You can tell that the people in charge of Stranger Things used the pandemic hiatus to nail down not only every aspect of the story, but how those elements weave together. Hence, every transition from scene to scene includes a cliffhanger that would be good enough to end entire episodes of other shows. Entire seasons, even. Every choice they made down the line for ST4 was the right one, and that NEVER happens. The effects are shabby in spots, but I was actually grateful for that because I’m not that eager to see actual bones snapping, know what I mean? This season dropped right after the Uvalde massacre and is itself centered around a mass slaughter of children (they had to throw a disclaimer onto the first episode), so here was one instance where bad effects were more a relief than an eyesore.

I’m not gonna go the full fanboy and go OH THANK YOU SO MUCH DUFFER BROTHERS PLEASE TAKE MY KIDNEY. I’m just gonna say that I was very, very impressed. Alongside the season finale of Succession last year, you have now seen the standard. This shit isn’t easy to pull off.

Dan:

Baseball cards today should include the number of vaccinations a player has had. I do not have a question.

I can’t ride with that. I’m all out of antivaxxer shaming. Their shittiness is a given, as is their intractability. Every story I’ve read about an antivaxxer seeing the light has been reported from their deathbed. Throwing them into the online stocks is an easily ignorable rebuke by comparison. Also, I assume pretty much every white MLB player is antivax anyway. Come this fall, the NFL will resume games without any COVID protocol in place at all, and then when a player misses a game because he got sick (half my team), I’ll just snort out “dumbass” and then go on with my affairs. Noting antivaxxers in the record book or on baseball cards would make me feel better about myself and accomplish precisely nothing else.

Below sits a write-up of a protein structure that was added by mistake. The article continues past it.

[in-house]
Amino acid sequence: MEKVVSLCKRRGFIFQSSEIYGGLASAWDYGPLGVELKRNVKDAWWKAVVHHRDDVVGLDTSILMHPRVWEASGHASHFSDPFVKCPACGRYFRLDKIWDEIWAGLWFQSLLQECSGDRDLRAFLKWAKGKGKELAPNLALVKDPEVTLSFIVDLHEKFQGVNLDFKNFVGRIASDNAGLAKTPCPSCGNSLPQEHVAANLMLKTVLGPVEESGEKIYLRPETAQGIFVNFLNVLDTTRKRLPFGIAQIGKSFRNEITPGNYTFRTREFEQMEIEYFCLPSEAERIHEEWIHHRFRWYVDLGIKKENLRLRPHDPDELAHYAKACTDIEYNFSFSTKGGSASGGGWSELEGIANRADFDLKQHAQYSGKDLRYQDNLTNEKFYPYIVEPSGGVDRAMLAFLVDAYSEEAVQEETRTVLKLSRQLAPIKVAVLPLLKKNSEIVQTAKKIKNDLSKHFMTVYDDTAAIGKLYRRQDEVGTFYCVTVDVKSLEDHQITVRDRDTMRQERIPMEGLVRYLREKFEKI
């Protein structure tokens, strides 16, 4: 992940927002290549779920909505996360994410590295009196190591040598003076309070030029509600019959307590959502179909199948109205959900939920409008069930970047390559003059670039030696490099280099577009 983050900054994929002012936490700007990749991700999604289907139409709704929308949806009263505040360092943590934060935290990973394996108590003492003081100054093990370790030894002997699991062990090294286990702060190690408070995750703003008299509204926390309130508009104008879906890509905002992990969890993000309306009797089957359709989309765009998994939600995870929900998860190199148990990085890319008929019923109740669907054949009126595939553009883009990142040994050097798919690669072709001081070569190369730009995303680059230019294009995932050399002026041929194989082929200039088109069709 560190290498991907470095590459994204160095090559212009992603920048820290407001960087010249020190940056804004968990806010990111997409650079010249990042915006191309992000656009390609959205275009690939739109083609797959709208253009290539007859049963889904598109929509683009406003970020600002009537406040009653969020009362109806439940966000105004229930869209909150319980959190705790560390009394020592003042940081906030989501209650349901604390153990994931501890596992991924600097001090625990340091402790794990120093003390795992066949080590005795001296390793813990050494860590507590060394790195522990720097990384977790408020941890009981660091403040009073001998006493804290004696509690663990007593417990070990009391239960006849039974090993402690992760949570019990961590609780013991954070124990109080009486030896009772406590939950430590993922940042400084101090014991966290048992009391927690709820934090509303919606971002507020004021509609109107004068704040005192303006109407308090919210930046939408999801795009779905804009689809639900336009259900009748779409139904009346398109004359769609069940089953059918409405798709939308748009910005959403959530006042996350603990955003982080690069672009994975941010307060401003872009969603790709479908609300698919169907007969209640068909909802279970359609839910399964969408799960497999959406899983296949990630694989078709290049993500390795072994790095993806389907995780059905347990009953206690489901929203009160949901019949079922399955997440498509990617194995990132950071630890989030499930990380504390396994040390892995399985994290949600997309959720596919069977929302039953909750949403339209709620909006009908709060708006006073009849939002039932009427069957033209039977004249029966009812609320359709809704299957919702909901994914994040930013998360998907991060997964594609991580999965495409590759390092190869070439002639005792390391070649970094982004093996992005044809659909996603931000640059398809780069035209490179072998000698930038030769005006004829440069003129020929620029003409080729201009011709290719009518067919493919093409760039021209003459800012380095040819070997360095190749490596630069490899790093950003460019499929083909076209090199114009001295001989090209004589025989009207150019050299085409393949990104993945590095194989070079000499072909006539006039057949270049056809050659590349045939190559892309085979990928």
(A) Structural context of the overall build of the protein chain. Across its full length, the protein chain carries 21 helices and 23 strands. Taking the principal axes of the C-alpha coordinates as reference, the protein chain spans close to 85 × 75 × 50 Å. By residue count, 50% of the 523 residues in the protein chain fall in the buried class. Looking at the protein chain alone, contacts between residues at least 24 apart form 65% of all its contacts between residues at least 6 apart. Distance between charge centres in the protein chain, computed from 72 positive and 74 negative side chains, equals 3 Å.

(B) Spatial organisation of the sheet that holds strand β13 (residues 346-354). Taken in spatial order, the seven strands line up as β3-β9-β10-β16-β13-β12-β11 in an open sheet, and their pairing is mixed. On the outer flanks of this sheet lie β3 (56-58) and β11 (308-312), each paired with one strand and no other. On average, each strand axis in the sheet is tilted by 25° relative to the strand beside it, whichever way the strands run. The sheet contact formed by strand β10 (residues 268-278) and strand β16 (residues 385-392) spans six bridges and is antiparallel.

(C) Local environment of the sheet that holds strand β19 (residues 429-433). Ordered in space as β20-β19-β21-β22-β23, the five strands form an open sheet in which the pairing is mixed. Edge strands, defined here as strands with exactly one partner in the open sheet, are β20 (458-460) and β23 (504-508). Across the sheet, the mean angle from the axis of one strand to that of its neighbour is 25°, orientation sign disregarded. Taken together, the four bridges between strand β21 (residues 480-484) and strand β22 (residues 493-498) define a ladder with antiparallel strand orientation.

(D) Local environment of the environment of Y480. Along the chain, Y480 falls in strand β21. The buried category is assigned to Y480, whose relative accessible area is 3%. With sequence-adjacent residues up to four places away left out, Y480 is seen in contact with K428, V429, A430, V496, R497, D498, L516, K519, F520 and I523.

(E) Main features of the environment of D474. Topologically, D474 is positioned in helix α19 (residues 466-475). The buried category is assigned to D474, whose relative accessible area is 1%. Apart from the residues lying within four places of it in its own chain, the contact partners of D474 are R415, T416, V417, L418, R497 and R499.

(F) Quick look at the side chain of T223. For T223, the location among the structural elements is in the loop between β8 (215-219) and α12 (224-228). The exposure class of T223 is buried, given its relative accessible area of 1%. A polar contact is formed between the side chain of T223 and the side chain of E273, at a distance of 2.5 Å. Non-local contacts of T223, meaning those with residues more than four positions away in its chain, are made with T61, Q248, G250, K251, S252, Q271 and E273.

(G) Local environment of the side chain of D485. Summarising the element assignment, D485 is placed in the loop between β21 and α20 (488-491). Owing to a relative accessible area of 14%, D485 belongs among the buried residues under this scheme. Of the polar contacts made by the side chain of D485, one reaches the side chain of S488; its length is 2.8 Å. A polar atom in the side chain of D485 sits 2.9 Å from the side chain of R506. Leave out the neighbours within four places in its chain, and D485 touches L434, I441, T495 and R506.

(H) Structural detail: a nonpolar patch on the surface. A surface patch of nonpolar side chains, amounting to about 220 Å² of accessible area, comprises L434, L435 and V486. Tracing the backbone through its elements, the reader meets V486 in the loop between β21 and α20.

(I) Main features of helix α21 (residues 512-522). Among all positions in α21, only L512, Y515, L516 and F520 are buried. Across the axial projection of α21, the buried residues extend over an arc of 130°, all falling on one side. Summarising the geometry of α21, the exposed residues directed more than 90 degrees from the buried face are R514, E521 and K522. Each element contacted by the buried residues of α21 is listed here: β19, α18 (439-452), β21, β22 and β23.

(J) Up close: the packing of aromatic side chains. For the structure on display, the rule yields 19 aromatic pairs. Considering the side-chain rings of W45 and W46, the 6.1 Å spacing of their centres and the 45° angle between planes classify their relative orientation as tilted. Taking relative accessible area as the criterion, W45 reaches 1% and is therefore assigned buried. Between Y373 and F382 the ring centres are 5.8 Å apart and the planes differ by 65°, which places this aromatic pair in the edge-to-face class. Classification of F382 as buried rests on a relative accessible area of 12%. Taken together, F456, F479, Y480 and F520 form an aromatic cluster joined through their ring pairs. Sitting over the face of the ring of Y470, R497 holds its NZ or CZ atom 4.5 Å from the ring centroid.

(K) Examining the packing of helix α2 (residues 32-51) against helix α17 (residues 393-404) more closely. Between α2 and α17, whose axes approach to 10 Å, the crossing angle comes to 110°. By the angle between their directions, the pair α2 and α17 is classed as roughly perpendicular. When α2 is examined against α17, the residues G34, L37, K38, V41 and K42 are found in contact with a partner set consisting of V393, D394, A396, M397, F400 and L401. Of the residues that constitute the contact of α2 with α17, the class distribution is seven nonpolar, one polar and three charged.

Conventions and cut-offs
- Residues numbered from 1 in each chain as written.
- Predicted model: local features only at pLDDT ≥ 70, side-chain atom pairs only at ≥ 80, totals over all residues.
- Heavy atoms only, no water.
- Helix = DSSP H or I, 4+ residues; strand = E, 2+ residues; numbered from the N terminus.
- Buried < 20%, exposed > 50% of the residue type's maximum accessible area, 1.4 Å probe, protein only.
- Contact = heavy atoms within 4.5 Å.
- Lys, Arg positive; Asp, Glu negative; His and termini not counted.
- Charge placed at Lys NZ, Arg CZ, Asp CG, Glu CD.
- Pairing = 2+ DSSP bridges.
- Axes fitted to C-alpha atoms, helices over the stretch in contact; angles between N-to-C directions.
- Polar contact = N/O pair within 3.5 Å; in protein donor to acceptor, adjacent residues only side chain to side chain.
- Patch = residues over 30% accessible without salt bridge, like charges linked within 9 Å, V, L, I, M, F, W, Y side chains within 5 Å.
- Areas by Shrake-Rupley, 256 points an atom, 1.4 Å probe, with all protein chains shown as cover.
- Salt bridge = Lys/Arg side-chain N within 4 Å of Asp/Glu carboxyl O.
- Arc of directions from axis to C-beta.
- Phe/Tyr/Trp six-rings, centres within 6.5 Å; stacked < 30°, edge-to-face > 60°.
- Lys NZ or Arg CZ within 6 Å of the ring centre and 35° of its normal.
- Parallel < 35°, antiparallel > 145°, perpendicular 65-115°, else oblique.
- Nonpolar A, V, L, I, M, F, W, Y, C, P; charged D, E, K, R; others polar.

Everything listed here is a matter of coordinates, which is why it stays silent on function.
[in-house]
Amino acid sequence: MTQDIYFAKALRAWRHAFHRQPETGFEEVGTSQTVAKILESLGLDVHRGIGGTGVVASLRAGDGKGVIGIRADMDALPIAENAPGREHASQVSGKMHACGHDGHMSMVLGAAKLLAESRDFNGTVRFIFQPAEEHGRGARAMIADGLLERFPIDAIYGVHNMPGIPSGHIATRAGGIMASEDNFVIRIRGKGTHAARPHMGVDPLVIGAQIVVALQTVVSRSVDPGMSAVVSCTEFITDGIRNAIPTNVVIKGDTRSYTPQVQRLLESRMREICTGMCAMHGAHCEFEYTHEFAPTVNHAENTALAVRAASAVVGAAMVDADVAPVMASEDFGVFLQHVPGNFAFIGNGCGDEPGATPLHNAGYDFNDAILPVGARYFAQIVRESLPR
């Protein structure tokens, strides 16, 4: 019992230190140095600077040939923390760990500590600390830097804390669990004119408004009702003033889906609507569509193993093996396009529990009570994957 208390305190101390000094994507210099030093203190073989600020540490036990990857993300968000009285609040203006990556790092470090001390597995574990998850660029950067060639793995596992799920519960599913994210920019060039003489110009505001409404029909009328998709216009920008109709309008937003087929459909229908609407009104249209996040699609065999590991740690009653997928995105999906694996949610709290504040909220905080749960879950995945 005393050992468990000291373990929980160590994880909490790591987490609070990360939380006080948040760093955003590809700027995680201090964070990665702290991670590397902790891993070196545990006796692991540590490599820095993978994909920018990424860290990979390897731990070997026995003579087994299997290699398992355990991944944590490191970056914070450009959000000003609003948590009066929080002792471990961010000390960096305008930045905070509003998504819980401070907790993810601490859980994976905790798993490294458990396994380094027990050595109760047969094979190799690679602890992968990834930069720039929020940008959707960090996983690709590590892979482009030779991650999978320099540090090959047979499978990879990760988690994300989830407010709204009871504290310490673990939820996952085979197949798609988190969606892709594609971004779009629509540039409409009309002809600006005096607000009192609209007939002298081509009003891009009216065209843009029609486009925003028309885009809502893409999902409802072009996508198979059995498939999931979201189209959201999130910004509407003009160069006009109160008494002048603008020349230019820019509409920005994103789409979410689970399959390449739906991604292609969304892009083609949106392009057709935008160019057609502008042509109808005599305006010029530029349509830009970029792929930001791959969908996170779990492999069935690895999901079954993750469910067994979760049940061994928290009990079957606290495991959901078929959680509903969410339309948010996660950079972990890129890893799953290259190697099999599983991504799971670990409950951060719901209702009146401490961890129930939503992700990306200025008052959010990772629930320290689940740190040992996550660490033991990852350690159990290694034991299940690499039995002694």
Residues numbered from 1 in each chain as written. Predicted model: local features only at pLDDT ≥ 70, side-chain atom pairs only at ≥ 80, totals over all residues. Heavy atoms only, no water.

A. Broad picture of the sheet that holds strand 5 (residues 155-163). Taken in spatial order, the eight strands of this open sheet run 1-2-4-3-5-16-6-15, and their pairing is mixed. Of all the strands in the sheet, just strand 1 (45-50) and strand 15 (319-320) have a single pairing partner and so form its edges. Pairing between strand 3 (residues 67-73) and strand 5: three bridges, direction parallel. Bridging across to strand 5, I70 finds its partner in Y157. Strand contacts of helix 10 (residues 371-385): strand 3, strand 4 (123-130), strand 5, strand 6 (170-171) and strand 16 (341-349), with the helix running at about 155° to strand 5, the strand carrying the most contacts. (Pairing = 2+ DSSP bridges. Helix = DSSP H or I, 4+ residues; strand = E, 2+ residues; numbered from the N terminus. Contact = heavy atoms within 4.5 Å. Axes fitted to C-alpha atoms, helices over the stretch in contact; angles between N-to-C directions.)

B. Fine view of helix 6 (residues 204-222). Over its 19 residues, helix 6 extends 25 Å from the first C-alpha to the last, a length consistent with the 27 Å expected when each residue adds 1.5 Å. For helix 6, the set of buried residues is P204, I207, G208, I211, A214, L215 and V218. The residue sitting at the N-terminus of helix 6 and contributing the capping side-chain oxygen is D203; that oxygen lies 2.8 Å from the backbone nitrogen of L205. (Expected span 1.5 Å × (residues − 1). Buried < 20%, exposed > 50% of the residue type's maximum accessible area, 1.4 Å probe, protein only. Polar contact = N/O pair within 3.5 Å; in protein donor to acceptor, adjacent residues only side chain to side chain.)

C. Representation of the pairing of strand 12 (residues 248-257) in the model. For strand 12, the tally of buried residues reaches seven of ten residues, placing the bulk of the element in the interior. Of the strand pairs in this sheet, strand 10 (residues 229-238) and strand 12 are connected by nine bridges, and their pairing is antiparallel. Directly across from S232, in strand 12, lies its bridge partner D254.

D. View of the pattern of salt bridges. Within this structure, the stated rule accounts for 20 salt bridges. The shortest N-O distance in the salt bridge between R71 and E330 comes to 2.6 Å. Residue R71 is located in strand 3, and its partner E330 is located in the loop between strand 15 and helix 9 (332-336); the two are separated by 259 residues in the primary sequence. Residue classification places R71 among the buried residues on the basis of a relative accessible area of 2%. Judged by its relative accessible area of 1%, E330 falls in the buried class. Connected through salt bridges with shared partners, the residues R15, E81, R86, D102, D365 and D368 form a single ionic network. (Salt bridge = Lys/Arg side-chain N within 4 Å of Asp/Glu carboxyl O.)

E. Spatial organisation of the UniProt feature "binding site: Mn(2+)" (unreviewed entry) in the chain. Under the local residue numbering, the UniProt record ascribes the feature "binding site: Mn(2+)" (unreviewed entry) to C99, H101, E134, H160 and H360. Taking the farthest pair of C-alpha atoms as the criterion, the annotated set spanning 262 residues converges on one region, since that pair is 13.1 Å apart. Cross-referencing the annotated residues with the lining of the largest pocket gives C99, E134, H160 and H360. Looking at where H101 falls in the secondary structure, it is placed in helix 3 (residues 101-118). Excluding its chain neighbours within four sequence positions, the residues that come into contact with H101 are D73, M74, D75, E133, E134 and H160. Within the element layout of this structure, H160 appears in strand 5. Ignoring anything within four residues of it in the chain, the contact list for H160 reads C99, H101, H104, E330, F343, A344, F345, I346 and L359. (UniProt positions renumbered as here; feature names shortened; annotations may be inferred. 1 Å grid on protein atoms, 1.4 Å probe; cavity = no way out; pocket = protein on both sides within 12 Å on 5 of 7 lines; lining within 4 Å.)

Aaron:

Can a Christmas tree be a Christmas present?

No, that would be insanity.

Jack:

When I was in high school I actually joined the cross country team for a total of three days simply because two of my best friends were on the team. But after those three days, I realized there was NOTHING fun about cross country, and I quit. Am I wrong about endurance sports being not fun?

You are. It’s not as “fun” to run across a suburban forest as it is to play kickball with your friends, but it is deeply rewarding. I know because I ran five miles a day, every day, for over a decade. My workout was always powered by extensive listening sessions of old Metallica and Husker Du, and of proprietary mixtapes that no sane man would ever gift to a woman. I loved running. I miss running. I got to think while running. I got to bust into the occasional sprint. I got to picture myself running across the entire continent. I got even the mythical runner’s high on occasion.